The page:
Because Hajel admitted that he does not have an actual disability that limits a major life activity, the relevant inquiry in the instant case is whether Ludlum perceived Hajel as disabled within the meaning of the ADA. Under the ADA, a person is regarded as having a disability if the individual: (1) has a physical or mental impairment that does not substantially limit major life activities but is treated by the covered entity as constituting such limitation; (2) has a physical or mental impairment that substantially limits major life activities only as a result of the attitudes of others toward such impairment;or (3) has no such impairment but is treated by a covered entity as having a substantially limiting impairment. Eshelman v. Agere Sys., 554 F.3d 426, 434 (3d Cir. 2009) (citations omitted); see also 29 C.F.R. § 1630.2(l). To prove a regarded as claim, Hajel must prove that either: (1) despite having no impairment at all, Ludlum erroneously believed that he had an impairment that substantially limited one or more life activities; or (2) that Hajel had a non-limiting impairment that Ludlum mistakenly believed substantially limited one or more life activities. Eshelman v. Agere Sys., 554 F.3d at 434.
Hajel contends that Ludlum regarded him as disabled when they required him to take a medical leave. However, this alone is not enough for this Court to determine that Ludlum perceived Hajel as substantially limited in one or more major life activities. "Forced medical leave by itself will not necessarily ground a regarded-as claim, because concern for an employee is not a belief in that employee's disability." Emerick v. Norfolk S. Ry. Co., 2006 U.S. Dist. LEXIS 89605, *29 (W.D. Pa. Dec. 12, 2006)(citing Parker v. Port Auth., 90 Fed. Appx. 600 (3d Cir. 2004) (nonprecedential opinion). In Emerick, the defendant's physician determined that the plaintiff could not perform his job duties safely so the defendant required plaintiff to take a medical leave. Id. at *4-5. Although the plaintiff's job performance was satisfactory, the job required physically demanding tasks around heavy equipment and the court determined that an employer must be permitted to evaluate the safety of the working environment without fearing a federal lawsuit. Id. at *32. The court held that requiring an employee to take an involuntary medical leave is not sufficient to establish that the employer regards the employee as disabled under the ADA because it would disregard the importance of the employer's safety concerns for its employees and work environment. Id. This is especially true when the employee is working in an industrial work environment. Id.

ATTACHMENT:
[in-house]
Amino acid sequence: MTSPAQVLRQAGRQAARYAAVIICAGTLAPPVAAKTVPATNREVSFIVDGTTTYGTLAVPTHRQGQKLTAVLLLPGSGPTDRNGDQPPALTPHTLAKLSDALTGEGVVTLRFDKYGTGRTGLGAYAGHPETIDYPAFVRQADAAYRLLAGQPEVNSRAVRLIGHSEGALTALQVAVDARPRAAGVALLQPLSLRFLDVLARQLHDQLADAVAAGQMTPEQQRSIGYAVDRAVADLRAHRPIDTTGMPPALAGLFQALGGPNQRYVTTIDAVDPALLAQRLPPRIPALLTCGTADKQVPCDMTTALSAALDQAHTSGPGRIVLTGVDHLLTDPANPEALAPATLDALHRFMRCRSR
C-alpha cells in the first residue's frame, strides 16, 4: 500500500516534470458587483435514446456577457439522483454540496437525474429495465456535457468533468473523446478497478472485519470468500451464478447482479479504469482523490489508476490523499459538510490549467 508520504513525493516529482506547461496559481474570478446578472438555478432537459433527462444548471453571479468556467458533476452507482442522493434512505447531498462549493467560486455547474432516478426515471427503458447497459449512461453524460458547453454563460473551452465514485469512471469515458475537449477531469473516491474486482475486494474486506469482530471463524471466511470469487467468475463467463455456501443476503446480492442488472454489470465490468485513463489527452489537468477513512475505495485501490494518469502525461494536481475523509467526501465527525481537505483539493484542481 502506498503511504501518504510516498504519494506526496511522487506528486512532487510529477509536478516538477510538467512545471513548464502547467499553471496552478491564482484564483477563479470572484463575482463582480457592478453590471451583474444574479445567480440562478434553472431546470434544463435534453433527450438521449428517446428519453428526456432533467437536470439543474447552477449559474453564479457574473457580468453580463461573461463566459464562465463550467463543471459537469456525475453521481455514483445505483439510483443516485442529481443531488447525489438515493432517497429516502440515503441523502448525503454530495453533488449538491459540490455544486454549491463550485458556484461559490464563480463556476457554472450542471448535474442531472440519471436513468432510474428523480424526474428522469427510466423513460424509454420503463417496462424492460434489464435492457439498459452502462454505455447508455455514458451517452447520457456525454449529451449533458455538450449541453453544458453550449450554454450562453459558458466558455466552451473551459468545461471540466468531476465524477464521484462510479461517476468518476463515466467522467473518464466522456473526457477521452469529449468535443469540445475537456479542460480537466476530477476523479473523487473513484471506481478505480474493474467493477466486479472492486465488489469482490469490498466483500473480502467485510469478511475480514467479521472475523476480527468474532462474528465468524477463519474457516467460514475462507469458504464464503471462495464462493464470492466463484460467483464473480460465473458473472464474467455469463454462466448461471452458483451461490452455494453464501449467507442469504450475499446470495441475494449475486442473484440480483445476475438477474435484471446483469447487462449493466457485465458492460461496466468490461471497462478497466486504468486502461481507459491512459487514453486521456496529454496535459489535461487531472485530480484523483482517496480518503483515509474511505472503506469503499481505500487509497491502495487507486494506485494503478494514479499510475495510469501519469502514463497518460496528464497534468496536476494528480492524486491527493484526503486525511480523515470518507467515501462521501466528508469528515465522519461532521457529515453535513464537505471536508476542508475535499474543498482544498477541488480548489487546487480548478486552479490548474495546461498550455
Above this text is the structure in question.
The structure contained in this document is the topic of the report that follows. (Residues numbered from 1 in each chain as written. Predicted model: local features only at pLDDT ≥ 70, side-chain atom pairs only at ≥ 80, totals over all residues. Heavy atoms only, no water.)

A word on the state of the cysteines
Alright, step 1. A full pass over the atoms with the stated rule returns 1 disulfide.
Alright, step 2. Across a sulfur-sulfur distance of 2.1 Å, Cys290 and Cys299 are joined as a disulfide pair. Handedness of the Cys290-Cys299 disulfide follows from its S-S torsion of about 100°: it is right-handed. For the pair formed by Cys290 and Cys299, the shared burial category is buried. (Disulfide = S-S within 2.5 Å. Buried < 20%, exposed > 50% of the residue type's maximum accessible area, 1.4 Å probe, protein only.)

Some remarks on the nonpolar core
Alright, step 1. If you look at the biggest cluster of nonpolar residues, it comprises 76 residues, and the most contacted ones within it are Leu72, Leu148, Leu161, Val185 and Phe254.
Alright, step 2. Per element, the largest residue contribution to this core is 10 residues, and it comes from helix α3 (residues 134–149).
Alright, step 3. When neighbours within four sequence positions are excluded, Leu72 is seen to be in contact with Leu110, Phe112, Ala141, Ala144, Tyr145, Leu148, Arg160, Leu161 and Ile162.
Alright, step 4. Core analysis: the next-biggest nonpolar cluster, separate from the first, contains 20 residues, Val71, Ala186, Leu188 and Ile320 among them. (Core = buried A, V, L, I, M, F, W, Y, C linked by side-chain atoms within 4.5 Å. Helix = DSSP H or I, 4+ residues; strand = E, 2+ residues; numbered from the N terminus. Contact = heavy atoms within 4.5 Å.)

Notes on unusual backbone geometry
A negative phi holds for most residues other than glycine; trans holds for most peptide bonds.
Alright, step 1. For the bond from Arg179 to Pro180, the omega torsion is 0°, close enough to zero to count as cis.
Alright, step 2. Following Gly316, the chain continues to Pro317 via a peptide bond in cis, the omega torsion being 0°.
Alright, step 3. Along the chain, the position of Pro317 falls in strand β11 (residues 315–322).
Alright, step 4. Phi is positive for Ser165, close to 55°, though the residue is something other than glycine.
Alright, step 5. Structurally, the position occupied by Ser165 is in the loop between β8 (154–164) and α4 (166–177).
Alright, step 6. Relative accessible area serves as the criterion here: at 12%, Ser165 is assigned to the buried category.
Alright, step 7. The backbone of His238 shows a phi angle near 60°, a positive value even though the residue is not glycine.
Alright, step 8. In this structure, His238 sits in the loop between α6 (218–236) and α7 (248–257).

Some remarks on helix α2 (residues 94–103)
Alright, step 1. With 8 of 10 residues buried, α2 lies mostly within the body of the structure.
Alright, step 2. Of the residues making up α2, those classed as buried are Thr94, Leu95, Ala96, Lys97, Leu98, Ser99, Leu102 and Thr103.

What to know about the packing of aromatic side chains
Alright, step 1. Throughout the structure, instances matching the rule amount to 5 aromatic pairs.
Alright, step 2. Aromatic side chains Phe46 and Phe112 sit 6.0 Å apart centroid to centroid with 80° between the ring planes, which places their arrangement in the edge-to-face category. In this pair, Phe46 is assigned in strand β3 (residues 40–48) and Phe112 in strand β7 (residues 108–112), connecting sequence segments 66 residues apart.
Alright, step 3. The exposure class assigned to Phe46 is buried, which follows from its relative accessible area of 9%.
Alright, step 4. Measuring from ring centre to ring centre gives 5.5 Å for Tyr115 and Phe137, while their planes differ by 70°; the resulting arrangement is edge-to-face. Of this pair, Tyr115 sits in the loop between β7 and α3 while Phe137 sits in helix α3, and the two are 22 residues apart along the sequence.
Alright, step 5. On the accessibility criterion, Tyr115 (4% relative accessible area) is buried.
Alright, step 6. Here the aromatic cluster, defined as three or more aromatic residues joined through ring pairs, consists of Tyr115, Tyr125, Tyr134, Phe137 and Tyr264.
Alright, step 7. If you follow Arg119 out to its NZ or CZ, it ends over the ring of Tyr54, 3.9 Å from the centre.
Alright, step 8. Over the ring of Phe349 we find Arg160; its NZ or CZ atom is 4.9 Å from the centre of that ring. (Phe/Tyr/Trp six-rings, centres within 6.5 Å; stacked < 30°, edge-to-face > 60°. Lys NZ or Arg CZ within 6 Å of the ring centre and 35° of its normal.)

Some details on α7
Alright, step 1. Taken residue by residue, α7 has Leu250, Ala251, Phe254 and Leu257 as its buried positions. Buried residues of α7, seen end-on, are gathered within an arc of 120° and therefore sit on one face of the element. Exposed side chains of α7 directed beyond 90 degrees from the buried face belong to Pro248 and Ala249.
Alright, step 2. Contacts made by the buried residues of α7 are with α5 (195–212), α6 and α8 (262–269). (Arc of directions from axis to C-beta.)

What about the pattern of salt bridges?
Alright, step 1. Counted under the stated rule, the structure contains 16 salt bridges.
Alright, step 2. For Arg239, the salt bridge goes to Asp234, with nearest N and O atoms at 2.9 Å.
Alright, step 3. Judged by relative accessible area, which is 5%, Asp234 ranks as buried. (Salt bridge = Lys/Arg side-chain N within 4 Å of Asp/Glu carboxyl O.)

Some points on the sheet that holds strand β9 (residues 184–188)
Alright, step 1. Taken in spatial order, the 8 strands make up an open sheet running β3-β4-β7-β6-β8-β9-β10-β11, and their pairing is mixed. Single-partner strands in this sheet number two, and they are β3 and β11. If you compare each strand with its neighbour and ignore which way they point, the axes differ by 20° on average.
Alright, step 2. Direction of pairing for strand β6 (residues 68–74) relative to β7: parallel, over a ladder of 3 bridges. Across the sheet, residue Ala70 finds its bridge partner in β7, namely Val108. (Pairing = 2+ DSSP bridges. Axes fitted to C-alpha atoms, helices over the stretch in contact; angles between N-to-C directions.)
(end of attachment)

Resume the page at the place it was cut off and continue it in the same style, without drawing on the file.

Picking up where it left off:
In the instant case, Hajel is employed as a laborer in Ludlum's steel mill. Hajel's job duties as a laborer require him to exercise extreme care in order for the job to be performed safely and correctly. Even though Hajel had not had any work accidents or injuries, Ludlum required Hajel to take a medical leave after Ludlum's physician determined that Hajel could not safely perform his job duties because of the medications he used to control his pain. After an independent physician determined that Hajel could safely perform his job duties, Ludlum immediately permitted Hajel to return to work in the same position. Ludlum placed Hajel on medical leave until its safety concerns were satisfied. This does not establish that Ludlum perceived Hajel to have a substantially limiting disability under the ADA. "Employers must be able to use reasonable means to evaluate the safety of the work environment without exposing themselves to ADA claims." Emerick v. Norfolk S. Ry. Co., 2006 U.S. Dist. LEXIS 89605 at *31 (quoting Cody v. Cigna Healthcare of St. Louis, Inc., 139 F.3d 595, 599 (8th Cir. 1998)).